LeBron James’ timing was poor.
His complaint that teams are overly physical in their fouls on him is not wildly out of line — LeBron is incredibly strong and if you are trying to foul him across the arms to take away the easy bucket you better be strong too or LeBron will have an and-1. He takes a lot of hard fouls and some of those cross the line into risking potentially more serious injuries.
But a lot of the reaction to LeBron’s comments was basically “quit your belly aching.” The Bulls were physical with him and the Heat — and the Bulls won the game. The timing of his complaint had a sour grapes taste.
When asked about it Thursday, LeBron basically shrugged, as reported by Ira Winderman at the Sun Sentinel.
“As a kid,” he said, “I used to watch a lot of Lakers games and I used to see Shaq get hammered and he would get two free throws and then he would finally deliver a blow and it would be a technical foul, it would be a flagrant foul. I’ve seen it. I’ve seen it before. We’re not ones to complain, but I just brought it to light.”
Heat coach Erik Spoelstra said nothing is changing with how the Heat play.
“We’re well aware of what everybody’s game plan is against us, and that’s to prevent layups and dunks and highlight plays at all costs,” Spoelstra said. “A lot of times those result in hard fouls. We’ll have our guys’ backs, but we don’t need anybody’s help and we’re not afraid of anybody’s game plan against us.
“We’re going to continue to play our aggressive game and we know how teams will play against us. We’ll have our teammates’ protection. But we won’t do anything out of the norm with basketball rules, and our guys will continue to attack.”
This is really an issue for the league to deal with — if they want less physical play they can get it by how the rules are enforced. They did that once to put an end to the 1990s clutch-and-grab era, they can move that needle again. The League has to act because the players will push the boundaries of what they can get away with to their advantage — that includes LeBron lowering his shoulder and bullying his way to the basket and the defender being more physical right back.
So much attention is paid to Lonzo Ball‘s father, jumper and passes. Those are the major storylines for the Lakers rookie.
But he has such a diverse skill set, and this is absolutely part of it. Ball is a savvy off-ball cutter in the halfcourt with the athleticism to get above the rim and finish alley-oops.
But finish them over 7-footer Willie Cauley-Stein, who was tracking the play (though slightly late)? That’s an eye-opener, even in the Kings’ 113-102 win.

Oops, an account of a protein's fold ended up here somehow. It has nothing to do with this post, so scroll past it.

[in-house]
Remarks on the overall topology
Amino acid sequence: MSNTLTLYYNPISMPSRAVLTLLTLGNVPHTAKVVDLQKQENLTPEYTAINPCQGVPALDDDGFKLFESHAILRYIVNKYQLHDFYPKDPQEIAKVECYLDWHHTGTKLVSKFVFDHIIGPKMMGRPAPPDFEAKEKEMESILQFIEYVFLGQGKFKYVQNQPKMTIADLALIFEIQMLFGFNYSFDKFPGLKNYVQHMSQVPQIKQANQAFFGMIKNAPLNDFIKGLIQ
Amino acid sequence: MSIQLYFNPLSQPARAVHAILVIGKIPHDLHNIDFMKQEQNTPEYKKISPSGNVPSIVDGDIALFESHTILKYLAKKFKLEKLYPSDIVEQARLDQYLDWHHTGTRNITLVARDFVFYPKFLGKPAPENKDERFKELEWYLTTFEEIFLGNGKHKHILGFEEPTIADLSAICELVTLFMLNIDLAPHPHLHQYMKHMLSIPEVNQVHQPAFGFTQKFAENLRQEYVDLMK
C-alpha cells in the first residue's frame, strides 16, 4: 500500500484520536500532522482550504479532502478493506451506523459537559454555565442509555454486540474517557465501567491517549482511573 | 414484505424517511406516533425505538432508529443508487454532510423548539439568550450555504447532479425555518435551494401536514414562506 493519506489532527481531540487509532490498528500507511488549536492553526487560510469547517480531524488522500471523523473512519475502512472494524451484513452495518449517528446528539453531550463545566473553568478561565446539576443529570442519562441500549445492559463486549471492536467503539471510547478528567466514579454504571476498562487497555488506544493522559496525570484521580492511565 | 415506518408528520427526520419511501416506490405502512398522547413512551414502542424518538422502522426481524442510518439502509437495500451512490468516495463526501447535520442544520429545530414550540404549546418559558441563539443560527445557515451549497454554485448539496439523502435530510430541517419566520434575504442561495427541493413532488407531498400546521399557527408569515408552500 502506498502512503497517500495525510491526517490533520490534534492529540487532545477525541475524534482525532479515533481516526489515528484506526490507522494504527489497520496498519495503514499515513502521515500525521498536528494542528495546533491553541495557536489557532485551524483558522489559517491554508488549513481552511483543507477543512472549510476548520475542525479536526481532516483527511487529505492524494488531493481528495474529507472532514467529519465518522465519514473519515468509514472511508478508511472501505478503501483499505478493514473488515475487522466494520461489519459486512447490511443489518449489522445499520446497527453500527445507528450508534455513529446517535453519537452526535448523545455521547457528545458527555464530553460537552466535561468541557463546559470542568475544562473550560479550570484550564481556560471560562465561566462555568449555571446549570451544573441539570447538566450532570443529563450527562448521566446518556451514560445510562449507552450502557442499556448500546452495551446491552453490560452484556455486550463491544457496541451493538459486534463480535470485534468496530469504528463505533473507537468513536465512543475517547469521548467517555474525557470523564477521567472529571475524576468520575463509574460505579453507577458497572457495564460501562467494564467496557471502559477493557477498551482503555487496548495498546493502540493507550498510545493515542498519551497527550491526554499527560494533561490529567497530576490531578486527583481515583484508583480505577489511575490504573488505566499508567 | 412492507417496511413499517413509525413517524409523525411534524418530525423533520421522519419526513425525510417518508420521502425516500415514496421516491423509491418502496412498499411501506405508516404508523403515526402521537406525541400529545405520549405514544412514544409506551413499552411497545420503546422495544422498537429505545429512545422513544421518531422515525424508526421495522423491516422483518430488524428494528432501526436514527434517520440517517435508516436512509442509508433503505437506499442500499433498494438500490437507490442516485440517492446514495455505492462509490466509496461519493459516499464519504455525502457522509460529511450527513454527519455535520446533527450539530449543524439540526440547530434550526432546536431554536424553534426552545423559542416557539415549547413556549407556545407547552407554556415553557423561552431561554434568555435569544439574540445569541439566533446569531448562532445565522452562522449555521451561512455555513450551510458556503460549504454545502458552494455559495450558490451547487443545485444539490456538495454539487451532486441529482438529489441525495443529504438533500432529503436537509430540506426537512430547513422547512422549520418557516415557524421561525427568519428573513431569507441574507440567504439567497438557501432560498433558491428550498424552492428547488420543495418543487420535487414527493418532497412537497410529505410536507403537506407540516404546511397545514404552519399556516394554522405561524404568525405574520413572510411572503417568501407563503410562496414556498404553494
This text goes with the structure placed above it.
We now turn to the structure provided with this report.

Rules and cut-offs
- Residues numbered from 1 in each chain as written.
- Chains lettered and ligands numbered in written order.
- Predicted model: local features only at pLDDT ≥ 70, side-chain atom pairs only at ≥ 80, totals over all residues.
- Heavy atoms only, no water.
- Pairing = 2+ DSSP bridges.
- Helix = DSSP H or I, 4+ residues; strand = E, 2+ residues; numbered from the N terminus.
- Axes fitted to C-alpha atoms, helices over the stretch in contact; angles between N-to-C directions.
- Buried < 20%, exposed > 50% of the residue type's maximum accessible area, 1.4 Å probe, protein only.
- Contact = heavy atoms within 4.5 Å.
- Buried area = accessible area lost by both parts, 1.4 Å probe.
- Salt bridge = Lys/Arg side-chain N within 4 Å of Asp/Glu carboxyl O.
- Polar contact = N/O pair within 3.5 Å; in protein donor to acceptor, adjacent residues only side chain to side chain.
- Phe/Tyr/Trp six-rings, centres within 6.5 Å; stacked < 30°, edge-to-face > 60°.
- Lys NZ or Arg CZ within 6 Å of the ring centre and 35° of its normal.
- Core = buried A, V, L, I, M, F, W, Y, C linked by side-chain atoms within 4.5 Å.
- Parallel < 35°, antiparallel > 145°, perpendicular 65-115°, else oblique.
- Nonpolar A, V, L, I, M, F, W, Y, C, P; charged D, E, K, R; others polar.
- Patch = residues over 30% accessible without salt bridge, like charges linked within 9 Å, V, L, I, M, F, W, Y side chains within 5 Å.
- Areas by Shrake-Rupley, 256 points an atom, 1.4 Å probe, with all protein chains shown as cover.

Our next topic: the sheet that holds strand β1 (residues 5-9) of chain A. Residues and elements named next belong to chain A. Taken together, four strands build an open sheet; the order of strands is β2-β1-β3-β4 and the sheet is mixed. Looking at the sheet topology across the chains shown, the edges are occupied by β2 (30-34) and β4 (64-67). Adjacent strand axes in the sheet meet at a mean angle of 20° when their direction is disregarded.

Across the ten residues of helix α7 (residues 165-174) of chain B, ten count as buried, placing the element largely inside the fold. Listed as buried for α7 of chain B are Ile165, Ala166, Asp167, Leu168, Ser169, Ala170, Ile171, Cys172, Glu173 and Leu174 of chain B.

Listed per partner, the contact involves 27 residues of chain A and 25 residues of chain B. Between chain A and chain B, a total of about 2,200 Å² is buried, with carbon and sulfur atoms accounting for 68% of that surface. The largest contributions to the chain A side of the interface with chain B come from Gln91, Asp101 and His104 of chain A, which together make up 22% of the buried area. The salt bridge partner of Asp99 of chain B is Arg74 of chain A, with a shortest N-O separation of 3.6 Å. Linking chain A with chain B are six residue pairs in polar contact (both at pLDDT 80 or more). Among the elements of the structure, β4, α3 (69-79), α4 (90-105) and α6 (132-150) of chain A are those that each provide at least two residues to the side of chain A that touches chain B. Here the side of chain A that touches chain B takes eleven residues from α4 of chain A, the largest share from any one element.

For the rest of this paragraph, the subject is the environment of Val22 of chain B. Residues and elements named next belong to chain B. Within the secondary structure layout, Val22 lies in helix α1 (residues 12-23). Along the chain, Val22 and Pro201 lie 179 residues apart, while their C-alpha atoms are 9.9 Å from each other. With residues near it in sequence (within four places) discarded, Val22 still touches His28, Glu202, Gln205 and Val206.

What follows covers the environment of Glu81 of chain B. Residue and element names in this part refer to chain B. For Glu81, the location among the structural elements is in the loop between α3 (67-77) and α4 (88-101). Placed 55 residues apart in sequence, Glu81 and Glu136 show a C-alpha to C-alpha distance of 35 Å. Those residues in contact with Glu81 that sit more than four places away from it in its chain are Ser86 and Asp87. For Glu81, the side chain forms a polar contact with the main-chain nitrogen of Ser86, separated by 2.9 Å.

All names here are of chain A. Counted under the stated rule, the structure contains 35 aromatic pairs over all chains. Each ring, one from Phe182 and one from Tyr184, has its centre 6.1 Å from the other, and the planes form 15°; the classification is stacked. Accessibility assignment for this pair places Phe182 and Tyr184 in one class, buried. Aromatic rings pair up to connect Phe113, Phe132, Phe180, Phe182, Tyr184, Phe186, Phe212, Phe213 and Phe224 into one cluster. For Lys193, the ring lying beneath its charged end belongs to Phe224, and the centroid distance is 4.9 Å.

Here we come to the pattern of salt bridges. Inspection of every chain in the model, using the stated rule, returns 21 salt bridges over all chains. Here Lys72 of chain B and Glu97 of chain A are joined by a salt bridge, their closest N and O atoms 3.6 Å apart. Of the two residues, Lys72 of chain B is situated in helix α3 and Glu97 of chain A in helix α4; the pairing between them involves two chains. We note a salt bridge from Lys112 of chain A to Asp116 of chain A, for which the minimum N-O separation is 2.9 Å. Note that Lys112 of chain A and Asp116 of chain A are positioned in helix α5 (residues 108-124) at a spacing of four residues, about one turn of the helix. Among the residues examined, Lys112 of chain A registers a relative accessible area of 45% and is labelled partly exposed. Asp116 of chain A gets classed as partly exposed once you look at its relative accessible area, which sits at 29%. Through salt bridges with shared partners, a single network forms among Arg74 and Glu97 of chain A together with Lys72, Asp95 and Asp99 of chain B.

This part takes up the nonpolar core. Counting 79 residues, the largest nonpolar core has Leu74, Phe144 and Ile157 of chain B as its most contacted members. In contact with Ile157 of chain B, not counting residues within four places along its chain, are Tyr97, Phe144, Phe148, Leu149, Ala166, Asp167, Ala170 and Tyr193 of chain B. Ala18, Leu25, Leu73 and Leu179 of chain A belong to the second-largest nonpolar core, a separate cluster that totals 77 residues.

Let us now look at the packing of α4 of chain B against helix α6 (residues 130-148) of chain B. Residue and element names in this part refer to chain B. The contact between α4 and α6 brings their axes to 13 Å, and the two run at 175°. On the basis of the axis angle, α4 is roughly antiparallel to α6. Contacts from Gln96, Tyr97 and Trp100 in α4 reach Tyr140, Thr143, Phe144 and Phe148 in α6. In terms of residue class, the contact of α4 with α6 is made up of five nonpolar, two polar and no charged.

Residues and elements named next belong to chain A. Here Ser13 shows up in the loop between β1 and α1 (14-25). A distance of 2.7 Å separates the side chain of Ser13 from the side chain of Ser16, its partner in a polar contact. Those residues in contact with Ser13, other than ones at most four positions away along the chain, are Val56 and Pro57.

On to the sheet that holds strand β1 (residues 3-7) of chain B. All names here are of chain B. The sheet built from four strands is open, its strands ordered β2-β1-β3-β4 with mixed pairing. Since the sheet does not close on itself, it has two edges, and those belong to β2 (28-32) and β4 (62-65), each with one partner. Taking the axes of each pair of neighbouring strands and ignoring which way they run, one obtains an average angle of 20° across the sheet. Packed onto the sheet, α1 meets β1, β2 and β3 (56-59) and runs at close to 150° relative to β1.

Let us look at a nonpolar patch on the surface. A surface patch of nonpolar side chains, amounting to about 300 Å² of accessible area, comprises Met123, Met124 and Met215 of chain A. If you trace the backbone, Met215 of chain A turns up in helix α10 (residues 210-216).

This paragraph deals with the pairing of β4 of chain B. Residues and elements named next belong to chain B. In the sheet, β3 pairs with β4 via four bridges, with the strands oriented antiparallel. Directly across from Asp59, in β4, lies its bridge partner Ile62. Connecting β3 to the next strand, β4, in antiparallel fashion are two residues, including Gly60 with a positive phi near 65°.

When Marc Gasol‘s 3/4-court attempt went through the net, it seemed to barely matter the ball left his hands just after the first-quarter buzzer. After all, the Grizzlies led the Mavericks by 15, anyway.
Turns out, Memphis really needed that basket.
Toronto has been the second best team in the East this young season. Not that anyone is really convinced they will be called that by the time we get to the playoffs (or even the All-Star break, or even Christmas), but for the first 16-18 games of the season their new move-the-ball offense had them at 11-5 and looking solid.
Wednesday night the Knicks dismantled the Raptors.
Especially in the third quarter when the Knicks went on a 28-0 run to blow the doors off the Raptors (video above). The Knicks dominated the third 41-10, when Toronto shot just 1-of-16 from the floor.
New York is gaining confidence with each win this season, they are a fun team to watch that is starting to find an identity (now that a certain three-sided shaped one is not being forced upon them). Kristaps Porzingis is a monster, and while the Knicks overpaid the market for Tim Hardaway Jr. he has lived up to his contract this season. With rookie point guard Frank Ntilikina showing some nice defense and playmaking skills as a rookie (although he is undoubtedly still a work in progress), you can see a path to a strong future unfolding. There are real reasons for hope in New York. Someone just keep James Dolan distracted and away from the basketball operations side of the building.
I’m not sure who benefited from Devin Booker‘s buzzer-beating, overtime-forcing 3-pointer. The Suns still lost to the Bucks, 113-107. The extra five minutes featured more of the same relatively bad basketball we’d seen between Phoenix (bad) and Milwaukee (shorthanded) through 48 minutes.
But darn if this shot wasn’t really cool and clutch.